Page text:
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Deutsche Bank Collection goes App
Curator Joan Young on Gabriel Orozco’s Commission for the Deutsche Guggenheim
Everyone is a Performer: Roman Ondák's "do not walk outside this area" at the Deutsche Guggenheim
Grammar of the Everyday: Notes on Roman Ondák
Deutsche Bank Once Again Main Sponsor of ART HK
No Place like Home - The 2012 Whitney Biennial
Sober Beauty: The Photographs of Berenice Abbott
Curtain up - The Premiere of Frieze New York
Gate to the Present - Wilhelm Sasnal in the Haus der Kunst in Munich
“Color in outer space is nonsense, in any case.”: Tracing Thomas Ruff’s Work
An interview with Brendan Fernandes


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Everyone is a Performer: Roman Ondák’s
“do not walk outside this area” at the Deutsche Guggenheim

Roman Ondák, Deutsche Bank’s “Artist of the Year” 2012, has created an exhibition for the Deutsche Guggenheim titled “do not walk outside this area” that resembles an imaginary journey. The Slovakian artist’s work not only undermines the conventions of the art establishment, but also turns viewers into performers as they walk over the wing of a Boeing. A report by Oliver Koerner von Gustorf.

It all starts with a prohibition, with one of the many commandoes and regulations we encounter every day, so numerous that our eyes graze over them and we hardly take notice. do not walk outside this area is the title of the exhibition Roman Ondák conceived for the Deutsche Guggenheim as Deutsche Bank’s “Artist of the Year” 2012. This time, however, the eponymous command not to step beyond a certain area comes from a place that seems completely absurd to most people. Everyone knows the demarcation lines on airplane wings that can be seen outside the portholes while on the runway or up in the sky. And it’s almost always the same thought that comes to mind: “How, at an altitude of 30,000 feet, am I supposed to walk around on a plane wing?” And: “Actually, what would that feel like?” Paradoxically, this strange prohibition unleashes a series of fantasies. Although we’re passengers and should normally assume that the instruction is directed purely at airplane mechanics, we still feel that it’s speaking to us. Ondák utilizes this mechanism in a very deliberate way. With subtle humor and an absence of didactic urging, the exhibition secretly leads the visitor where he normally shouldn’t be: to the other side of the line, the “forbidden” area where only our thoughts and fantasies can normally go.
A wall is a door is a wall: like in a puzzle or a scavenger hunt, the Slovakian artist places hints that the limitations of the White Cube are merely physical in nature and that we can imagine or think ourselves beyond them. For Wall Being a Door (2012), he installed doorknobs on both sides of the white wall separating the entrance hall and the first exhibition room of the Deutsche Guggenheim. Keyhole (2012) consists of a simple keyhole that Ondák let into the wall covering built over the inside of the window facade. One peers through the glass to the Boulevard Unter den Linden and a small bright section of the day with its passersby and traffic. Looking through a keyhole is stigmatized by prohibitions and taboos; people who do it usually harbor voyeuristic desires to penetrate the secrets and private lives of others. In this intervention, however, the relationship becomes inverted, and one looks from the protected museum space out onto the public realm, through the confines of art and normal life. The grey zone that Ondák allows us to enter in most of his works is situated somewhere between private and public experience, between a personal and collective scale. The experimental situations he develops in a lengthy process involving sketches, drawings, collages, and notations have something very tricky about them: they are precise, analytical, and yet amazingly simple.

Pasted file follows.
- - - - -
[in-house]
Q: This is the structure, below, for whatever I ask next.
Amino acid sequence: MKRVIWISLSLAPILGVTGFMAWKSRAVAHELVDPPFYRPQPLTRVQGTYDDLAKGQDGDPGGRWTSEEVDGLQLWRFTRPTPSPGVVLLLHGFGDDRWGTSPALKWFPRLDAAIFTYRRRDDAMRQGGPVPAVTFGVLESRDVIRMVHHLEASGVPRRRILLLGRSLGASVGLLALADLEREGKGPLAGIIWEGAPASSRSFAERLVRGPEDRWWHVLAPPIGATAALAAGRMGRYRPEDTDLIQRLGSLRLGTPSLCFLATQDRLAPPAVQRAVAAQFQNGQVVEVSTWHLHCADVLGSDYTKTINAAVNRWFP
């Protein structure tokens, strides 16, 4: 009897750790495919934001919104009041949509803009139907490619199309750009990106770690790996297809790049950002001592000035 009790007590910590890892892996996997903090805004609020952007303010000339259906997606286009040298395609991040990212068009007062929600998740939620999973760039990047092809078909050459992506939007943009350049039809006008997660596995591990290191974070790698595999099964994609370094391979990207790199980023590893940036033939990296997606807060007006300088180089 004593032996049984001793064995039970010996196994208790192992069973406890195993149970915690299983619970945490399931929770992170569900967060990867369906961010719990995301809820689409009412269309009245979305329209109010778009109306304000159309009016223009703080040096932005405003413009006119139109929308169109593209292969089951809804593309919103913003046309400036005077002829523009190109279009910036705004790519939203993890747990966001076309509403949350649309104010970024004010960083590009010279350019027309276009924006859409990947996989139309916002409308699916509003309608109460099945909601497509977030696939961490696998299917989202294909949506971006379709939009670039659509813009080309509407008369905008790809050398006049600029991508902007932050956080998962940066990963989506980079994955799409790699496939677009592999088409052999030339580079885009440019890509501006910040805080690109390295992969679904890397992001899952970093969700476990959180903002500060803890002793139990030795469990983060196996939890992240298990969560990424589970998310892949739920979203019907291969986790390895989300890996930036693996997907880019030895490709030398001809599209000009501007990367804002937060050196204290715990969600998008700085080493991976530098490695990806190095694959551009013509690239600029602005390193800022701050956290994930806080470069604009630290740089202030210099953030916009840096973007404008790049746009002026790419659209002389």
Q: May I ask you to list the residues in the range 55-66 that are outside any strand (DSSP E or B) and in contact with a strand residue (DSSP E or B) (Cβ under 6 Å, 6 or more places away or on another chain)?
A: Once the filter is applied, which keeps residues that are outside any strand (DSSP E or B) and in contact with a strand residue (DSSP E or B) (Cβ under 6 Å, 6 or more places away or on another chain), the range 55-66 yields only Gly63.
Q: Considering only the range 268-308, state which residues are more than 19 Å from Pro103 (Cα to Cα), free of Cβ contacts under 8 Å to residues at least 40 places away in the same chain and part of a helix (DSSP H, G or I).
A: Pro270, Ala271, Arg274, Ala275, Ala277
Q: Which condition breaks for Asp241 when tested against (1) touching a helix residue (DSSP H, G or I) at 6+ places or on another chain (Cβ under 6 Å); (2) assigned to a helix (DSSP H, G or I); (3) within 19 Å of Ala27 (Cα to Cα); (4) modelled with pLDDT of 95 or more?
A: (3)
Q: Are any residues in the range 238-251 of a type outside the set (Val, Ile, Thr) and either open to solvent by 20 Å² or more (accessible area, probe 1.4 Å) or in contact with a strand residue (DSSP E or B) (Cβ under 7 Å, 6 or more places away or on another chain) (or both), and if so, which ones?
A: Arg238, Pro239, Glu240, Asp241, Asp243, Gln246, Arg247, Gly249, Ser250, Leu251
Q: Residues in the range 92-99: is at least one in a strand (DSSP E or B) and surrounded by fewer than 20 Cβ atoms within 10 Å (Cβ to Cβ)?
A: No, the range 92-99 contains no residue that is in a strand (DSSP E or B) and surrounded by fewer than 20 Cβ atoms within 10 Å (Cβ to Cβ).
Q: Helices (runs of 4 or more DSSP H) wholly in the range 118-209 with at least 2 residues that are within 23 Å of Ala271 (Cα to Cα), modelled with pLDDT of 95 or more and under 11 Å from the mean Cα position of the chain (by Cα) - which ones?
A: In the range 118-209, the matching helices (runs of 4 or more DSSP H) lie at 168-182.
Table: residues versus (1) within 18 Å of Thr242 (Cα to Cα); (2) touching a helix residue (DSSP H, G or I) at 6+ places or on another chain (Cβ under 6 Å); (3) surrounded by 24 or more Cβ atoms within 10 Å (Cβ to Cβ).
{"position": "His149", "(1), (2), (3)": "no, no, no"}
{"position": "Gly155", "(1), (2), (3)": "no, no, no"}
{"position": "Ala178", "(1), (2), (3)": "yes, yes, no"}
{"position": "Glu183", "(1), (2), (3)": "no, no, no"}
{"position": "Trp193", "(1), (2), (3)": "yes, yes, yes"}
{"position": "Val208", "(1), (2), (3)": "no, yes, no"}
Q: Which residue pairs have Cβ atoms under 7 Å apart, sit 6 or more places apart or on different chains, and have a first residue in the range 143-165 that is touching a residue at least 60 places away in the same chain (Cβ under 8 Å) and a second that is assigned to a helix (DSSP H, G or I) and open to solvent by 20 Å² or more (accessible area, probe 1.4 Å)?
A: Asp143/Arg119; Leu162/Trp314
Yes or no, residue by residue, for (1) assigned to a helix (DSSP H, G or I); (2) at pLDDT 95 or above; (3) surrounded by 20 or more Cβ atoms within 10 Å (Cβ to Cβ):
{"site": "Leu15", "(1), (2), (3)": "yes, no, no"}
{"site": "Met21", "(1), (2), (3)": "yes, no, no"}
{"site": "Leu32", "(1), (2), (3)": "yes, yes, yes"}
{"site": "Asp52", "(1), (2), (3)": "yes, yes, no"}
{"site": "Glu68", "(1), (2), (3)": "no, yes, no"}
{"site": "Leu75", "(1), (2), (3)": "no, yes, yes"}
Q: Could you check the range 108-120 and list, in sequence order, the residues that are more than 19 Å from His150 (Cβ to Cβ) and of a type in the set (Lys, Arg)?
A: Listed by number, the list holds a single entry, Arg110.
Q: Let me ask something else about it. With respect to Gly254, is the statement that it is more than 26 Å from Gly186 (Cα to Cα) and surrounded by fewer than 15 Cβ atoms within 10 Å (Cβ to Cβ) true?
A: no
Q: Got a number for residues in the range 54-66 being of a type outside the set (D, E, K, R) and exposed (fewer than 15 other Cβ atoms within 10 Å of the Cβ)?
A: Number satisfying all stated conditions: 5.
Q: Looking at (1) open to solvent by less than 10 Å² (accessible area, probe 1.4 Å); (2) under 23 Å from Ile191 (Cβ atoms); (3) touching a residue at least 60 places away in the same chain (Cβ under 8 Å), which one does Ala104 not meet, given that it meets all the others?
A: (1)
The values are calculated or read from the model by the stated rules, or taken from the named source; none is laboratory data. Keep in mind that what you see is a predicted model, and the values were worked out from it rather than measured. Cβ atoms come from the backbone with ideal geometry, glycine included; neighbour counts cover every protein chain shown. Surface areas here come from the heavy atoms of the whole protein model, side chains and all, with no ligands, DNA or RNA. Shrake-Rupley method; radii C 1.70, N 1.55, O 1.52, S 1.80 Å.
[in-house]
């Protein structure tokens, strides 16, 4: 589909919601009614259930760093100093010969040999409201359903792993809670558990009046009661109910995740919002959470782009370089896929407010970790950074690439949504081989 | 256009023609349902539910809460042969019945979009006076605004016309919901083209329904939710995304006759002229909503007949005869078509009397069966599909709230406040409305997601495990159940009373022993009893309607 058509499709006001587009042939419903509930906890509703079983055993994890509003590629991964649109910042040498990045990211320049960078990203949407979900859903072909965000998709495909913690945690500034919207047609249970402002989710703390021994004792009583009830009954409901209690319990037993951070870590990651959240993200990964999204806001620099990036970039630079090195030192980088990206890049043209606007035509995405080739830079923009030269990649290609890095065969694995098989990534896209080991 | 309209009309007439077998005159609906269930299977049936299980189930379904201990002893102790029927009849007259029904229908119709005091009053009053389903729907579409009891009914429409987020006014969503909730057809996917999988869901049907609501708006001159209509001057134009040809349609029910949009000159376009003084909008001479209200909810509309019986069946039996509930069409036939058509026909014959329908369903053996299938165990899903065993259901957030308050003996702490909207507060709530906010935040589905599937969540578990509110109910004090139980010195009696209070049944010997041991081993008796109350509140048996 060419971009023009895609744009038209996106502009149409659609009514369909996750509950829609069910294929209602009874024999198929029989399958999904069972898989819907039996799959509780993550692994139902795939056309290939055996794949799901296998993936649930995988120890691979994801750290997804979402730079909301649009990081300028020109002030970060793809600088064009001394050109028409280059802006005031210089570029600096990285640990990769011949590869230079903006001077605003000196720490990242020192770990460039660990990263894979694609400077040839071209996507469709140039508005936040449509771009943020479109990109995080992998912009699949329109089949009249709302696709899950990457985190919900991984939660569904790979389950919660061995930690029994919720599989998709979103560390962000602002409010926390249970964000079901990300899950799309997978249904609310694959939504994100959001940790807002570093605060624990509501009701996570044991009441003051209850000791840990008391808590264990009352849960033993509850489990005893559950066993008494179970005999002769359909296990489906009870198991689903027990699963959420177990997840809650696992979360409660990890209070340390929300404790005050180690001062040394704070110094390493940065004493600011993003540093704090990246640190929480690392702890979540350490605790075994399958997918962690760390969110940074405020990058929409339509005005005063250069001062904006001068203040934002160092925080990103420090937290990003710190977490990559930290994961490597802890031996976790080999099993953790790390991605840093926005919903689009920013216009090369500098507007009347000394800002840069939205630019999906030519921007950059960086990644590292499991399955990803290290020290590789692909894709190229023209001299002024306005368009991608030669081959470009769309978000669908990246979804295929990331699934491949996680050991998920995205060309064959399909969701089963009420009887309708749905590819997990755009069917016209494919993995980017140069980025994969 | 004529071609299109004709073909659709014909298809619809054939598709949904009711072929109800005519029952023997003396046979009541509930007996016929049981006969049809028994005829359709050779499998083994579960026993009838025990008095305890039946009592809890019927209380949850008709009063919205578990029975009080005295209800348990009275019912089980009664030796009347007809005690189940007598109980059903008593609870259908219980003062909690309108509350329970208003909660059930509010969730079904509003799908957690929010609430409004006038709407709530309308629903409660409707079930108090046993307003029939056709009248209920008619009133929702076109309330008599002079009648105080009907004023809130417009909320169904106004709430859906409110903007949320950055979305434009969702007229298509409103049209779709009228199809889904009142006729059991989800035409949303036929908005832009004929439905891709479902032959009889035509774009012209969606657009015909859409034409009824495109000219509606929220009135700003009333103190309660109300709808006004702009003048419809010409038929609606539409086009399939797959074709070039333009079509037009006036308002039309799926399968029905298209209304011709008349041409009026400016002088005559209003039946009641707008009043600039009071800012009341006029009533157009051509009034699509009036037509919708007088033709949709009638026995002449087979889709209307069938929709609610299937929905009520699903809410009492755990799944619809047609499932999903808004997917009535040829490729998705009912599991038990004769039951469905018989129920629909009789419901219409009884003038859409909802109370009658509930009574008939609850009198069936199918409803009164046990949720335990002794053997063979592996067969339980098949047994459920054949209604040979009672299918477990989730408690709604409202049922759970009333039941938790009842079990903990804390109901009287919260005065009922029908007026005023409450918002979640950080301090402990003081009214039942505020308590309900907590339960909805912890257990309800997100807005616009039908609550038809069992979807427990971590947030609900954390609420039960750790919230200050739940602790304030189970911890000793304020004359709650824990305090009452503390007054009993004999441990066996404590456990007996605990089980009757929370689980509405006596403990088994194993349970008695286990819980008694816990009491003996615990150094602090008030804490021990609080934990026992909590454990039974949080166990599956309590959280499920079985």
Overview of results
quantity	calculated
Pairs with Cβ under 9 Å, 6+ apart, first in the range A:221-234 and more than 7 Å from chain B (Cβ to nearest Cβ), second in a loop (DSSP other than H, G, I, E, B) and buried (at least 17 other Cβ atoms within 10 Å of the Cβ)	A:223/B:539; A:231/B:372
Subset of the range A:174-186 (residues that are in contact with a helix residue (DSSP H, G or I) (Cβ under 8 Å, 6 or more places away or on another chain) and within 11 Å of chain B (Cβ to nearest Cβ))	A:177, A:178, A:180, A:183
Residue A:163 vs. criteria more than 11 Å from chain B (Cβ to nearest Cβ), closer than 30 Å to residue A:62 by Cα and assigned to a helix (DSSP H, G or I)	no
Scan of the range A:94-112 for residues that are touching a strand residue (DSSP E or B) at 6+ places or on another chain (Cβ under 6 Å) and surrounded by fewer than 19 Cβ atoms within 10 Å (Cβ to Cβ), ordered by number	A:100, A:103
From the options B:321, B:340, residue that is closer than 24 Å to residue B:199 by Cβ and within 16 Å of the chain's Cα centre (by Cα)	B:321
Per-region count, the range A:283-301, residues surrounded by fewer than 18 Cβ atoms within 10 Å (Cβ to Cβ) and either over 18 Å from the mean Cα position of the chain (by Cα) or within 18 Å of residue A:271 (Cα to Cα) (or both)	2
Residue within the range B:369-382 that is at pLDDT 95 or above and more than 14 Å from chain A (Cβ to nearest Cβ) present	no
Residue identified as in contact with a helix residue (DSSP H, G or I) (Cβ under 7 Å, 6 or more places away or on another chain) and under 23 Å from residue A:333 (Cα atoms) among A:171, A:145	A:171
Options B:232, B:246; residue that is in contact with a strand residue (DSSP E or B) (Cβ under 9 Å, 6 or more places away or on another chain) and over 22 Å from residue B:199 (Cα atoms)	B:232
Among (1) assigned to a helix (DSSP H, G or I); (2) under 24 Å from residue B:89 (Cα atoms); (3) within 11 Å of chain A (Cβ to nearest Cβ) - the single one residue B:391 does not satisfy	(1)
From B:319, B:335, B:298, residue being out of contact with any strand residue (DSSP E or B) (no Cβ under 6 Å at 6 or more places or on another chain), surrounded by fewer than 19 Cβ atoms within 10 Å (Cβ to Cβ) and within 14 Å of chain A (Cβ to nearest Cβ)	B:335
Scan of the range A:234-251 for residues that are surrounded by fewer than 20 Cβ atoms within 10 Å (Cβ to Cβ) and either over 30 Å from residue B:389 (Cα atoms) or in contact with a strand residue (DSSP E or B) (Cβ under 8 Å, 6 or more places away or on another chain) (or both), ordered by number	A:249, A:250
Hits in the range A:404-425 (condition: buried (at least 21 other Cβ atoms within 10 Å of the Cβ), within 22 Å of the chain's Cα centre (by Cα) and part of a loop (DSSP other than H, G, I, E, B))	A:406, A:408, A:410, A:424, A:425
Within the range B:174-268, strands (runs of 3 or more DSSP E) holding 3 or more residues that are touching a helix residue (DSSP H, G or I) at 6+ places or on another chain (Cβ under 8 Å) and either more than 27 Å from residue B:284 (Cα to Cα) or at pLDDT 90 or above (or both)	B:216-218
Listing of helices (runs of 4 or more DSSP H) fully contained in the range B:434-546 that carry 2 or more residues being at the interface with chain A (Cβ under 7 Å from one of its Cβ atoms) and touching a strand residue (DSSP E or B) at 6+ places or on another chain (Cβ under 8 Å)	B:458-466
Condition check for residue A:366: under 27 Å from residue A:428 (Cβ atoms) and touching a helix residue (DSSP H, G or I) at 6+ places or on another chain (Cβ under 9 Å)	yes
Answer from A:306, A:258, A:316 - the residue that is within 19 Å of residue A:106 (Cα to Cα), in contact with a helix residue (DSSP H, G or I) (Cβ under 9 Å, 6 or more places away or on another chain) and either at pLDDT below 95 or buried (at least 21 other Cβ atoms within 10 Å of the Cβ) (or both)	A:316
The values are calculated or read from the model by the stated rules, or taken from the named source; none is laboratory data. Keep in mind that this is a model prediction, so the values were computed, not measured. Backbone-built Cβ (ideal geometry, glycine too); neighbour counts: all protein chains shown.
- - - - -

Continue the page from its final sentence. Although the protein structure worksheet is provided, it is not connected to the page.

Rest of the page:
For do not walk outside this area, he divided the long hall of the Deutsche Guggenheim into three consecutive spaces that the viewer walks through as though on a journey through various different events. He experiences the place, the work, and himself from a multitude of perspectives. The exhibition combines two major sets of themes that Ondák has been investigating since the beginning of his career: first, the rules and conventions that determine our everyday lives as well as the representation and reception of art; and second, traveling, moving from one place to another, whether it be physical or in the imagination. The two themes are closely connected to the biography of the artist, who was born in 1966 in Žilina, which was affected by the dissolution of the former Czechoslovakia. While the influences of Conceptual and Minimal Art are evident, his work also frames references to the subversive tactics of artists from the former Soviet Bloc. The Slovakian art scene, critical of the system, was forced to work in secret and reacted with subtle interventions and public actions to officially sanctioned state art.